It is too expensive

Another favourite, especially for those who do not want to go through the effort of actually doing the math. Of course we can not just say: here is the equivalent of 1500 Euros for everyone and not change anything else. Every country will have to look at their financial and tax structure to see how they can fit it in. It might not be the easiest task but if you look at how most countries managed to come up with incredibly complex tax systems, supplemented by an army of programs for unemployment, health care, child care and a slew of others, they should be able to work it out.

There are some obvious savings that go along with introducing a basic income though, the low hanging fruit.

  • No more unemployment programs. Because everyone gets a basic income there is no need for this. Also, all the institutions that exist to check whether you are entitled to get money from an unemployment program also seize to exist.
  • No more state pension plans. Same reasoning as the unemployment program. This also eliminates the entire administration that goes with it.
  • No more child care programs. With this I mean the money you get when you have a child. This can simply be replaced by making the basic income age related for kids. Say half of an adult income up to a certain age or maybe it’s even possible to give children the same amount as adults. The experiment in India gave kids half of what adults had up to the age of 14, after that they got the full amount.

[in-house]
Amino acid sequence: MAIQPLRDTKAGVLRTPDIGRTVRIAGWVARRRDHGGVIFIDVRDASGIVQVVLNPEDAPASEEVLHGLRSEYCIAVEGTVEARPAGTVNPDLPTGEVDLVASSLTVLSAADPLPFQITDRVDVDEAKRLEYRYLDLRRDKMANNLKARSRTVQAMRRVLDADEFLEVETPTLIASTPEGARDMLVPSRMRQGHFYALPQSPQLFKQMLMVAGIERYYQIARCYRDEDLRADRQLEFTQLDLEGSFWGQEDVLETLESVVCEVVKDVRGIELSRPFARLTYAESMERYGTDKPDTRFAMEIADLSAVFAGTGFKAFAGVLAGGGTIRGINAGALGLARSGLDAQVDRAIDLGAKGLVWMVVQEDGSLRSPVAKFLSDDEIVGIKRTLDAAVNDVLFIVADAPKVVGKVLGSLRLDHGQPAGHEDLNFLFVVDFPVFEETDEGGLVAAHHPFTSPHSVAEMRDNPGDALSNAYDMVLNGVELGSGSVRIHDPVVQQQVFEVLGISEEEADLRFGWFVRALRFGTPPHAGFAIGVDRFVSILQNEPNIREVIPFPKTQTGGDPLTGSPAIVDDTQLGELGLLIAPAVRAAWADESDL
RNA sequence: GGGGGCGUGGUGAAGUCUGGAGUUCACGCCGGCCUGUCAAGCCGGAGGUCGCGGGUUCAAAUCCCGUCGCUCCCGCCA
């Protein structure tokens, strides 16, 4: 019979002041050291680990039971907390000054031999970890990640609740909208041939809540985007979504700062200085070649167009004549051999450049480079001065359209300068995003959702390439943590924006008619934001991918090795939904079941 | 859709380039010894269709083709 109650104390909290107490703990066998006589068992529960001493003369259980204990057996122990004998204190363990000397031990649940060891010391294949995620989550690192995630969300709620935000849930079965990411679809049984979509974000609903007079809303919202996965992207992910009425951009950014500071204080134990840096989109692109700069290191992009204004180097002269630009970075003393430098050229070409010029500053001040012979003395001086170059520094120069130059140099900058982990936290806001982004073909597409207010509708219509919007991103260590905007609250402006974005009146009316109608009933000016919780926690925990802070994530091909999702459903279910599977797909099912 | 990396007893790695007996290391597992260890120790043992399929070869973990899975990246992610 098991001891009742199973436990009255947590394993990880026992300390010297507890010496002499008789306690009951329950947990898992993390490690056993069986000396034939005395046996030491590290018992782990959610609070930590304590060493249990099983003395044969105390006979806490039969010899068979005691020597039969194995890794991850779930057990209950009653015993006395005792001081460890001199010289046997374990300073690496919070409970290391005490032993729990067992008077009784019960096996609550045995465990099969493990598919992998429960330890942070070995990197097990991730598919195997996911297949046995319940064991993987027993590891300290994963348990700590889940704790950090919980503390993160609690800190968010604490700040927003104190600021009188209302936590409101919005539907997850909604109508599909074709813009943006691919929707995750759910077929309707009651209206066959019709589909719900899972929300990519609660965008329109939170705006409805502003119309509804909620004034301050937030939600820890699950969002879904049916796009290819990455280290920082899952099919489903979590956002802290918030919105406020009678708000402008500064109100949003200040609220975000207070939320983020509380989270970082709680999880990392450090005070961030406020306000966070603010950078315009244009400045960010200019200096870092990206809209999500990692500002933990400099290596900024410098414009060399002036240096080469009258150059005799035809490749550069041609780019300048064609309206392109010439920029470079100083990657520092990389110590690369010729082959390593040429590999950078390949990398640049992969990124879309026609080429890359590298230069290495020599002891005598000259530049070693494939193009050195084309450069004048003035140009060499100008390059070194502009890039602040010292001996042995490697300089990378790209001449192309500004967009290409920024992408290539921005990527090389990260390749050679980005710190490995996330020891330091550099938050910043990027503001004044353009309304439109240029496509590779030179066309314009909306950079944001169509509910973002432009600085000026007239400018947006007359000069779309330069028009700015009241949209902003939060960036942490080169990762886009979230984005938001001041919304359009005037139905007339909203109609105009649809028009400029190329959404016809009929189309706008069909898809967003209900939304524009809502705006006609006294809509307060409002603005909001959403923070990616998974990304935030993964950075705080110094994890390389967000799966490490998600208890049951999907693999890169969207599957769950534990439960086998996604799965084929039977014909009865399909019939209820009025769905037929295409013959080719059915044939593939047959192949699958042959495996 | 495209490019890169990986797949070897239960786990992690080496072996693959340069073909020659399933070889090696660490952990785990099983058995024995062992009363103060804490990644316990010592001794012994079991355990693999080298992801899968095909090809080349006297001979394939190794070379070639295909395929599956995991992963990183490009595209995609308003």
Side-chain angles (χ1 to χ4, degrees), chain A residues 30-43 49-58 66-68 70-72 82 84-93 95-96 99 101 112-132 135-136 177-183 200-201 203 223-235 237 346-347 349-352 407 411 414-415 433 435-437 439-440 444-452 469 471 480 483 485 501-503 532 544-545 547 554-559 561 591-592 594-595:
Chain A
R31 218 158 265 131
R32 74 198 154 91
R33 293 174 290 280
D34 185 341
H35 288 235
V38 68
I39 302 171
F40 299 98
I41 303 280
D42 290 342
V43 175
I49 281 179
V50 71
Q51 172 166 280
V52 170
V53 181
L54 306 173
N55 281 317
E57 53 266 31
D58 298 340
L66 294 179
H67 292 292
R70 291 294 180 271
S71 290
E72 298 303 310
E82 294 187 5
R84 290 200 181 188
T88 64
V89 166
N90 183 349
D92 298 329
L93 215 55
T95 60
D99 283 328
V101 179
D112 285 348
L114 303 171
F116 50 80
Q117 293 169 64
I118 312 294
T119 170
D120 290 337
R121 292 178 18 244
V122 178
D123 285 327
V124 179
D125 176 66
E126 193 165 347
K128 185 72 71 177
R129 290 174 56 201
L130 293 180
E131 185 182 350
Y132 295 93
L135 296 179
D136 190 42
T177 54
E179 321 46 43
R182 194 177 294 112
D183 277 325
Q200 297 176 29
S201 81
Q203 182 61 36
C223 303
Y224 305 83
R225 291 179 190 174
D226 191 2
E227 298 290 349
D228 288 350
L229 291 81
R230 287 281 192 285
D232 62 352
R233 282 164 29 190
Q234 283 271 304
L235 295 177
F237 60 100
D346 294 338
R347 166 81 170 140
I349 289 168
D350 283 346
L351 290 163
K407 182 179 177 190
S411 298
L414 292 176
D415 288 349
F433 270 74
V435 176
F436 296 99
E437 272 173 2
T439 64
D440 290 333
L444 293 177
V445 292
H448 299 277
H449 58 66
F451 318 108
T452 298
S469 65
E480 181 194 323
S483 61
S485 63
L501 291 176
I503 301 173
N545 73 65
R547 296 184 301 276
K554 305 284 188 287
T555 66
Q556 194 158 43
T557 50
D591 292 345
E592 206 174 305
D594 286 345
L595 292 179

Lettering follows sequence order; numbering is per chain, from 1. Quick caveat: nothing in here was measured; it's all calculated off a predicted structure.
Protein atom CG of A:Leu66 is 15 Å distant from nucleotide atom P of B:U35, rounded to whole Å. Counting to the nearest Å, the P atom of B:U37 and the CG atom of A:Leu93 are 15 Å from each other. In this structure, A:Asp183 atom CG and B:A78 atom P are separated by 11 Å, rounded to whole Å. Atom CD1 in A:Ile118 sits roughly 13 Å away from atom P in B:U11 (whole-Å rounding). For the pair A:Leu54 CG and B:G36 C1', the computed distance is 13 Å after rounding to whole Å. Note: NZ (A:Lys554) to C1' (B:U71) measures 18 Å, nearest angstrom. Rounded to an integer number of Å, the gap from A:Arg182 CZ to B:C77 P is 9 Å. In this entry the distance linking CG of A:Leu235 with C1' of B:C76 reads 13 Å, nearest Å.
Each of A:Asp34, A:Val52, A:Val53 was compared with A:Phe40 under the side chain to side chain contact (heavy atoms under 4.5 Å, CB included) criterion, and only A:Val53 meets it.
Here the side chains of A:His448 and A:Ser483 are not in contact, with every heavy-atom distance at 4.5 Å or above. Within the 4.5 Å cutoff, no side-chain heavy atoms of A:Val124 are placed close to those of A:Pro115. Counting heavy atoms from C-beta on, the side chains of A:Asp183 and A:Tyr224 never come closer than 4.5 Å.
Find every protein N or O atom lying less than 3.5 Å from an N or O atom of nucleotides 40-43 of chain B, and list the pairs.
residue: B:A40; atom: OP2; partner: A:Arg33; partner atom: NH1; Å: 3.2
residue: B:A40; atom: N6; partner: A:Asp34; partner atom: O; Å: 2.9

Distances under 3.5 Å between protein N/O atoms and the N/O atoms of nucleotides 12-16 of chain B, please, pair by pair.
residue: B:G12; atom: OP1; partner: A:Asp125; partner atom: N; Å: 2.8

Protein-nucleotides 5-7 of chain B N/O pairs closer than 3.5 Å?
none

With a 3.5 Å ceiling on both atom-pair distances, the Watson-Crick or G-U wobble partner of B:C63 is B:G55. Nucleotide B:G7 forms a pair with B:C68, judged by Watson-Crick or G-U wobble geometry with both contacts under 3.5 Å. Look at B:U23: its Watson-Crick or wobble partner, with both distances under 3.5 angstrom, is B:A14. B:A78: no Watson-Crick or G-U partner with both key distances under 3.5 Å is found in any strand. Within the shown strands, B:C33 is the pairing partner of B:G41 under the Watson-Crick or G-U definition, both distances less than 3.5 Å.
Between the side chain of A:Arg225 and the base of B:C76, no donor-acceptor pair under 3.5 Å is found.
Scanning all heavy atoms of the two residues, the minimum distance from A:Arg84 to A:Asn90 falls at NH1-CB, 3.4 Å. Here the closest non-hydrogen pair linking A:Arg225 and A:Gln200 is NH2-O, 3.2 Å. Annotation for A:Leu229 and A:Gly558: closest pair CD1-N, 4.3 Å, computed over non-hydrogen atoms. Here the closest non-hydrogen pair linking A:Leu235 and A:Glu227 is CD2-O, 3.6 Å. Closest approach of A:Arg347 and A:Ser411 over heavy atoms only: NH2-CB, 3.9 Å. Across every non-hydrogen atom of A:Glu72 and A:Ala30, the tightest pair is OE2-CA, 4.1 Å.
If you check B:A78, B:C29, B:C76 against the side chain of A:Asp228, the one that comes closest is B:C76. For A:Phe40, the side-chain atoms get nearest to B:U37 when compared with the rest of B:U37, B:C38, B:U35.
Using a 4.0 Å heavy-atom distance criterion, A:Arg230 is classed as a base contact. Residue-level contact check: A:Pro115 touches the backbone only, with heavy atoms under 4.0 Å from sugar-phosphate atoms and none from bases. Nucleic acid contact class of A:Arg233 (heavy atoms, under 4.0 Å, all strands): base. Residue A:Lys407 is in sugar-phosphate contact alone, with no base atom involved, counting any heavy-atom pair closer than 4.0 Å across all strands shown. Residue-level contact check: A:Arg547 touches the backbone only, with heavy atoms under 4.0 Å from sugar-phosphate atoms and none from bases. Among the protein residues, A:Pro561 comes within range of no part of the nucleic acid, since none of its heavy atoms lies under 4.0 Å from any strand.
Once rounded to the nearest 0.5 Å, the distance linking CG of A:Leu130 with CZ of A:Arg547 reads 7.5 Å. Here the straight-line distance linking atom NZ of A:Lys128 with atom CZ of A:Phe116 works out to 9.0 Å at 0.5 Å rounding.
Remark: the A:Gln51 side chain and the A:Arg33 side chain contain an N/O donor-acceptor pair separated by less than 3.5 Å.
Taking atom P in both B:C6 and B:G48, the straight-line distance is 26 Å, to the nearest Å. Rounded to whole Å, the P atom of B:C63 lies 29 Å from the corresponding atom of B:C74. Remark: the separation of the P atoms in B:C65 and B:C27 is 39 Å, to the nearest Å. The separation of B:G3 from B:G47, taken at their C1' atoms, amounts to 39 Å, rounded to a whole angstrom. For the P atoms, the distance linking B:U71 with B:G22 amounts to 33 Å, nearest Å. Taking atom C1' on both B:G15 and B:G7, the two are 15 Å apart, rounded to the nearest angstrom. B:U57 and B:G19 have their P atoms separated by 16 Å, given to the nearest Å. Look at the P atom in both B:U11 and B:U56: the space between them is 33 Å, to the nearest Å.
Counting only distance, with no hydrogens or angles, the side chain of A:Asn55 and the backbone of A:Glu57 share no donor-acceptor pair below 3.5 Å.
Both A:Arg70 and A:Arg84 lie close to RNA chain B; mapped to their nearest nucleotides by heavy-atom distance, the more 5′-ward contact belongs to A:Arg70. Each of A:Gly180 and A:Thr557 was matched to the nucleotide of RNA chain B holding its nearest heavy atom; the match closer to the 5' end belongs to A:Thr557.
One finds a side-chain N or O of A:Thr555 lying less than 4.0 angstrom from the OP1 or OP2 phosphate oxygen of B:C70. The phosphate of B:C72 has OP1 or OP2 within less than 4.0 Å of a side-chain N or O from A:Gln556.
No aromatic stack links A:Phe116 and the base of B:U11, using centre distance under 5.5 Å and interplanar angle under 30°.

These 3 things would already save quite a bit of money for the government.

Apart from that there should be a restructuring of the tax system. Most countries currently get a large portion of their taxes from tax on labour. That is a hugely inefficient system though. A study in Europe found that in order for the government to collect a net income of 1 Euro from tax on labour, they need to collect 1.9 Euros of taxes. That means that the tax collection system itself eats up 47% of the collected taxes! Now here’s an area where a lot of money could be saved. When that same Euro would have to come from tax on energy consumption, only 1.08 Euro needs to be collected. That means that the 1.9 Euros that is now collected through tax on labour would give the government 1.76 Euros of net income, a whopping 76% increase in net income gain!